Sixth foundation: Sardius (KJV)/Carnelian

Seventh foundation: Chrysolite

No Hebrew text gives any description of the nature of this stone. Many scholars believe it is similar to modern-day topaz, as described above. But since the ninth foundation is topaz, this gemstone remains a mystery.

Eighth foundation: Beryl

Ninth foundation: Topaz

Tenth foundation: Chrysophrase

Chrysophrase is a translucent, bright green variety of chalcedony. 

The name is derived from the Greek “chrusoprasos,” meaning “green leek.” The most famous deposits of the stone are from the ancient Prussian province of Silesia, and samples have also been found in Egyptian digs. 

In the Middle Ages, holding a chrysophrase stone in one’s mouth was illegal, as it was believed a condemned criminal could escape punishment by doing so.

Possible Biblical reference:  Revelation 21:20

Eleventh foundation: Jacinth

Twelfth foundation: Amethyst

Other Biblical Gemstones

With so many variations in translations, I will not attempt to list every possible stone that could be named or substituted for Bible references here. However, there are several other stones that certainly worthy of mention.


Crystal is a colorless, transparent, coarse quartz. This crystalline quartz is a common mineral worldwide and was mined as early as 3000 B.C. in Egypt.

Samples of quartz crystal lenses have been found in the ruins of Nineveh from as far back as 3800 B.C. These crystals have had many uses throughout history. Roman digs have unearthed vases, goblets, and bowls carved from larger blocks, and smaller crystals have often been used for jewelry.

Crystal comes from the Greek word “krustallos,” meaning “ice.” The Hebrew word translated as crystal means “transparent.”

Clear crystal symbolizes spiritual enlightenment, purity, truth, and healing.

Possible Biblical references: Job 28:17; Isaiah 54:12; Revelation 4:6; 21:11; 22:1


Coral refers to a rare limestone formation of calcium carbonate produced by polyps (a tiny marine animal). 

Coral is not technically a mineral, but gem-quality pieces found in the Mediterranean Sea polish out to lovely red shades. These unique living jewels have been harvested from earliest times and found in Egyptian jewelry.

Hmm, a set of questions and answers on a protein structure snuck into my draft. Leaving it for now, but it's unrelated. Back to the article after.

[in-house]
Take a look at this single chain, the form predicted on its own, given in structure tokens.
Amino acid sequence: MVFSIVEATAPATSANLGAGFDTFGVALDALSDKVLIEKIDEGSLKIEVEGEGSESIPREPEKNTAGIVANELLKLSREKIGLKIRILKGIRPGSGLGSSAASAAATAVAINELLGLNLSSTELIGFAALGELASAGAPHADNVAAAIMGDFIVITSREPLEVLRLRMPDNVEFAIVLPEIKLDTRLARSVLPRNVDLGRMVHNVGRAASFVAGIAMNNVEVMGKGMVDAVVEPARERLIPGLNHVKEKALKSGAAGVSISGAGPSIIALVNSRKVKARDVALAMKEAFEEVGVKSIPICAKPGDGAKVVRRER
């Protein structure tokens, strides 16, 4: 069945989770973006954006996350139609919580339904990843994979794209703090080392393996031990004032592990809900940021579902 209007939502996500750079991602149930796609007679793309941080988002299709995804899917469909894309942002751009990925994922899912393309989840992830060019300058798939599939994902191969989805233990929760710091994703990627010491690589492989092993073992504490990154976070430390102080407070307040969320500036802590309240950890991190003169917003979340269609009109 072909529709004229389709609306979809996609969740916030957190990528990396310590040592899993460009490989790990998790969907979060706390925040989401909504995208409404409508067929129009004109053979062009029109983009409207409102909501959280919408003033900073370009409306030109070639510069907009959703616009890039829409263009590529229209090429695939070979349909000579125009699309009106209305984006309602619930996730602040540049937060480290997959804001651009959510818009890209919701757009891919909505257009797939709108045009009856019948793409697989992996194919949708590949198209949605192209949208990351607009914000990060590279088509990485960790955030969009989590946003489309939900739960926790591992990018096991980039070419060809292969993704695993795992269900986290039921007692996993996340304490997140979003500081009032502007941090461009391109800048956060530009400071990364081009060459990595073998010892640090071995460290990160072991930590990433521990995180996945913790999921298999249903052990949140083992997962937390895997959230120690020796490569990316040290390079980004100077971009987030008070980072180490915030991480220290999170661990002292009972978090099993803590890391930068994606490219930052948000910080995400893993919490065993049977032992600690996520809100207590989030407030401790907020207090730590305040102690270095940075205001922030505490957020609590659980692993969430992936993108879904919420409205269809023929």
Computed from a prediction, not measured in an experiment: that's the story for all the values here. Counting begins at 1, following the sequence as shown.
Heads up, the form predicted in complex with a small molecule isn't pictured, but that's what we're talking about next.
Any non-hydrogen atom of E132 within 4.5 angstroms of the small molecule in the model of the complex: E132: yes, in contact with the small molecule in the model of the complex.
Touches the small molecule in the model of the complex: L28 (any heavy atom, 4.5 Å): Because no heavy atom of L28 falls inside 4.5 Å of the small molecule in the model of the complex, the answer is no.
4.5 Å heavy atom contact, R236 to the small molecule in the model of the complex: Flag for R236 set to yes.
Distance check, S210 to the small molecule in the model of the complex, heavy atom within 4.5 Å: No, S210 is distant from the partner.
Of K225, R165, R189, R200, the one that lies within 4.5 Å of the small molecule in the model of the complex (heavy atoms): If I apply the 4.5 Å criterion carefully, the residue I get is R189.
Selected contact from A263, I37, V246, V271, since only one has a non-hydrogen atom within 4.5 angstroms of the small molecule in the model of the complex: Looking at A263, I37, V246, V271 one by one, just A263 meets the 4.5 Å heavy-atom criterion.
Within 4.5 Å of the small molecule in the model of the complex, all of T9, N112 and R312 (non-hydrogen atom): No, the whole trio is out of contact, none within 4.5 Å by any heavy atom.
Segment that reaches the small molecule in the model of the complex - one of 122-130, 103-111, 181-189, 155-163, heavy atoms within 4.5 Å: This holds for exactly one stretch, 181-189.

Red coral symbolizes life energy (blood).

Possible Biblical references: Job 28:18; Ezekiel 27:16


Pearl is the only authentic gemstone formed within a living organism. The stones are formed from nacre, the same smooth material used to line shell interiors, especially oysters. Layers of nacre encompass irritants that make their way into the shell.

Pearls were both popular and expensive in Jesus’ time and were used in his parables to demonstrate the value of the kingdom of God. Each of the twelve gates of the New Jerusalem in Revelation is made from a single pearl.

The word pearl was not used until modern times. The gemstones were, instead, called “margarite” from the Greek “margarites.”

Pearls symbolize loyalty, dedication, and steadfastness.

Possible Biblical references: Matthew 13:16; Revelation 21:21


Peridot has been mentioned above as the potential gem referred to in many translations as topaz. It is a transparent green chrysolite gem from the mineral olivine. 

There is a lot of confusion here. The Biblical topaz  is thought by many scholars to be peridot, while the modern topaz originates from the Greek “chrysolite.” 

Peridot is believed to relieve depression.

Possible Biblical references: Revelation 21:19-20


Ruby is a red variety of corundum. Its red hue results from traces of chromium. Only diamond has more hardness than modern ruby.

The earliest rubies are not known until Roman times, around 300 A.D. The Old Testament “ruby” is most likely the red coral spoken of above, pink pearl, carnelian, or garnet. 

Rubies symbolize love and passion.

Possible Biblical references: Exodus 28:17; 39:10; Proverbs 8:11; 31:10; Job 28:18; Ezekiel 28:13